Non Sequitur Music

Trio for Clarinet in B-Flat, Cello and Piano

Play an excerpt from the first movement, Waltz Rounds, of Trio for
Clarinet in B-Flat, Cello and Piano

Play an excerpt from the second movement, Refrains, of Trio for
Clarinet in B-Flat, Cello and Piano

Play an excerpt from the third movement, Third Stream - Coda, of Trio for
Clarinet in B-Flat, Cello and Piano











Composer: James Aikman
Instrumentation: Clarinet, Cello, and Piano
Year Composed: 1999
Duration: 18 minutes (3 movements)
Pages (score): 55
  • Rental: $50.00
  • Purchase: $100.00

I. Waltz Rounds
II. Refrains
III. Third Stream - Coda

white sunday light
This piece can be heard on the CD white sunday light (music by James Aikman), available from

Program Notes:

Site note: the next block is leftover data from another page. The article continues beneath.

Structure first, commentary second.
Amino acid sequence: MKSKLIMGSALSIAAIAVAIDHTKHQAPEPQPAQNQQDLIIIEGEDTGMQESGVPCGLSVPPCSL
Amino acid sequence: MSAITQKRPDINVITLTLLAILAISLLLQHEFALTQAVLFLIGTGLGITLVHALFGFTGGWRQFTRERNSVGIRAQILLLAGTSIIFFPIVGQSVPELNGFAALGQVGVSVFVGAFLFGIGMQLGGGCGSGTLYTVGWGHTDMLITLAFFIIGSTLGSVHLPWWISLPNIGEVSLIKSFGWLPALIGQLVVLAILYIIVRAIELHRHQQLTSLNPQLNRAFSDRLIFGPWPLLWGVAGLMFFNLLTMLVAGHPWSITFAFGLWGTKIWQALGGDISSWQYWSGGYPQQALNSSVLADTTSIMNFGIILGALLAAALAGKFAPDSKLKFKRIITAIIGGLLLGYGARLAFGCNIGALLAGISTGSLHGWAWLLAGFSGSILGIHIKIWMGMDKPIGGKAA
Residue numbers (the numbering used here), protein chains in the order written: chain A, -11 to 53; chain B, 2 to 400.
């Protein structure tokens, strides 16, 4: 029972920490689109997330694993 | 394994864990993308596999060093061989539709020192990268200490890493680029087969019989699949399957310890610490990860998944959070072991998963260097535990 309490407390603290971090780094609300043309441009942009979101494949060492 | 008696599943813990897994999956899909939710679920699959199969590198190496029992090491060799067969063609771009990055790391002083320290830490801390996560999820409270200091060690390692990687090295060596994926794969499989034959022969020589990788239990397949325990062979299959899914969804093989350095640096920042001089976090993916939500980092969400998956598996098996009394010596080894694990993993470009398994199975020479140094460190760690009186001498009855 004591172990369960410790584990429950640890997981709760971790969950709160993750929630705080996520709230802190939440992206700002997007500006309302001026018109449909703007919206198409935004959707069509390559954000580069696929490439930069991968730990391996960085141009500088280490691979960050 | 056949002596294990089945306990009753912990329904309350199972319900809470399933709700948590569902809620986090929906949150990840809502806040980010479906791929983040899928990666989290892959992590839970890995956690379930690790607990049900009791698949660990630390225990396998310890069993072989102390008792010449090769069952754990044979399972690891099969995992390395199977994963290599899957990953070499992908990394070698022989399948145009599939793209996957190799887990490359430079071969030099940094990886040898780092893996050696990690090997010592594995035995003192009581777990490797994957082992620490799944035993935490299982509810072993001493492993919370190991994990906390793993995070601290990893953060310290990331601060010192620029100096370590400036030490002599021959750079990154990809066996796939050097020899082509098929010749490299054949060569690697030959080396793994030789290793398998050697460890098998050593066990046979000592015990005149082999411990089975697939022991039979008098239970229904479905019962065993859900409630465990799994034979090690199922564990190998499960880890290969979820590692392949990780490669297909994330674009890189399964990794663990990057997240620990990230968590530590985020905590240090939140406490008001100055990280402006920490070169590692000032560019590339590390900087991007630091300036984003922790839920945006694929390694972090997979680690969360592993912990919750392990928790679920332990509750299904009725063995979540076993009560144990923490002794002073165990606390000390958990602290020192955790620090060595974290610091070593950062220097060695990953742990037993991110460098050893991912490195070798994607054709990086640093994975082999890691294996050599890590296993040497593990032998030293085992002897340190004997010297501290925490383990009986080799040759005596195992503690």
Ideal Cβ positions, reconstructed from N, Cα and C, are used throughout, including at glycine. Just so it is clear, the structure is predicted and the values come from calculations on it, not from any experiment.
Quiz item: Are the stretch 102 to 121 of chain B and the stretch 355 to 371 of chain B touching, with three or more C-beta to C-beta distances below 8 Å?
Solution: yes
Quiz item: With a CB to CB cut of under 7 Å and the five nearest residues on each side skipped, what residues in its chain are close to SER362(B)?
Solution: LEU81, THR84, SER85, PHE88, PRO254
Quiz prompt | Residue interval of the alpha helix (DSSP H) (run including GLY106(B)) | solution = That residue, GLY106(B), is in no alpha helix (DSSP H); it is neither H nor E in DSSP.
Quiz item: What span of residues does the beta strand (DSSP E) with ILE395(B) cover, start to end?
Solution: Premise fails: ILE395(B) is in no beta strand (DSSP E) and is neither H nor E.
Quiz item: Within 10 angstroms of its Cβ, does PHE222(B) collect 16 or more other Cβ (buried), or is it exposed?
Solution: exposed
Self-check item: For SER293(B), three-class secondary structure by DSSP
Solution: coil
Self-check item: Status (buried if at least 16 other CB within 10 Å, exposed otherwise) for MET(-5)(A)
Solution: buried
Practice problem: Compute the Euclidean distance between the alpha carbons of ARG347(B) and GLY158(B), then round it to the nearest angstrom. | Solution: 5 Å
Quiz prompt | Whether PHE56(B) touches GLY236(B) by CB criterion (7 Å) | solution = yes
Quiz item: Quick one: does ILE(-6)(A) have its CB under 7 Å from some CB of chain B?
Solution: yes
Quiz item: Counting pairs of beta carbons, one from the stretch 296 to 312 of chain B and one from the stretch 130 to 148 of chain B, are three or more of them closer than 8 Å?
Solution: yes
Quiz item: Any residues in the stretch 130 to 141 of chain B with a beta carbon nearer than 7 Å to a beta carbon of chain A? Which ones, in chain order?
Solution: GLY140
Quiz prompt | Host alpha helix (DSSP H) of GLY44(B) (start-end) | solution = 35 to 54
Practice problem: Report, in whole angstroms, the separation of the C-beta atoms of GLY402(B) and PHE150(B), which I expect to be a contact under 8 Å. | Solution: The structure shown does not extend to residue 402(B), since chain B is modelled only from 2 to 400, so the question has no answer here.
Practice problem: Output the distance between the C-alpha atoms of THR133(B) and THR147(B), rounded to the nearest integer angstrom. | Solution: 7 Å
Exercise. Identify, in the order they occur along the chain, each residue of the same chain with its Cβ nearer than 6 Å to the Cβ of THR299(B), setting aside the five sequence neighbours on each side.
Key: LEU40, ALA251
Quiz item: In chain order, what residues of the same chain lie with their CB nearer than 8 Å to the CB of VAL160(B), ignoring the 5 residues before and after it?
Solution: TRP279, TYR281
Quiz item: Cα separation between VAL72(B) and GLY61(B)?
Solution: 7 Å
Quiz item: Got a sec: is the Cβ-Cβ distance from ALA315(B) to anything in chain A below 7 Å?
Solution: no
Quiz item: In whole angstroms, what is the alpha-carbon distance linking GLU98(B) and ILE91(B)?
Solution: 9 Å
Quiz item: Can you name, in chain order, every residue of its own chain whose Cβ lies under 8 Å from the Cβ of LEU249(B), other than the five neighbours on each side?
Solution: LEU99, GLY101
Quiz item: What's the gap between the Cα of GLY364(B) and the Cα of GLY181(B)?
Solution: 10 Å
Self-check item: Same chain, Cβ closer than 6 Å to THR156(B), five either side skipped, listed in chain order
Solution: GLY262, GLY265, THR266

Like the Piano Quintet, Aikman's Trio is a substantial chamber work in which vigorous, vital music finds its life-source in a heart-felt song-like utterance. Here, it is once again the second movement, a fantasia-like set of variations, that is the emotional core of the music, and, once again, the coda of the final movement confirms this. The first movement, Waltz Rounds, seems to assemble itsself from fragments: The initial thirty-bar clarinet solo sounds improvisatory, rhythmically free, searching out first its lowest register and only gradually daring to sing in its highest range, or essay any establishment of pulse or meter. With the entry of the cello, something magical happens. Not only do we realize that the two instruments are playing a canon at the distance of a single bar, but simply by trailing the clarinet in a regular fashion, the cello allows us to hear the underlying waltz of the clarinet's opening music. What had initially sounded irregular, searching, tentative, now comes forth as a steady, affirmative rolling dance. And not a note of the clarinet part has been changed! But we are not done: the piano enters with brash, harsh chords, reducing the other instruments to silence (The score instructs the pianist, "Boldly take over!"). The piano at first sounds at odds with the previous music, clanking and mechanical, grinding out a different tempo in each hand. But with the return of the clarinet and cello's canon, we hear that the piano, too, has recycled to its opening music: the three parts together are one boisterous continuity. Much more happens in this movement, not to mention the remaining movements, but in all three, the composer is able to effect startling changes of tone and texture by deceptively simple means.

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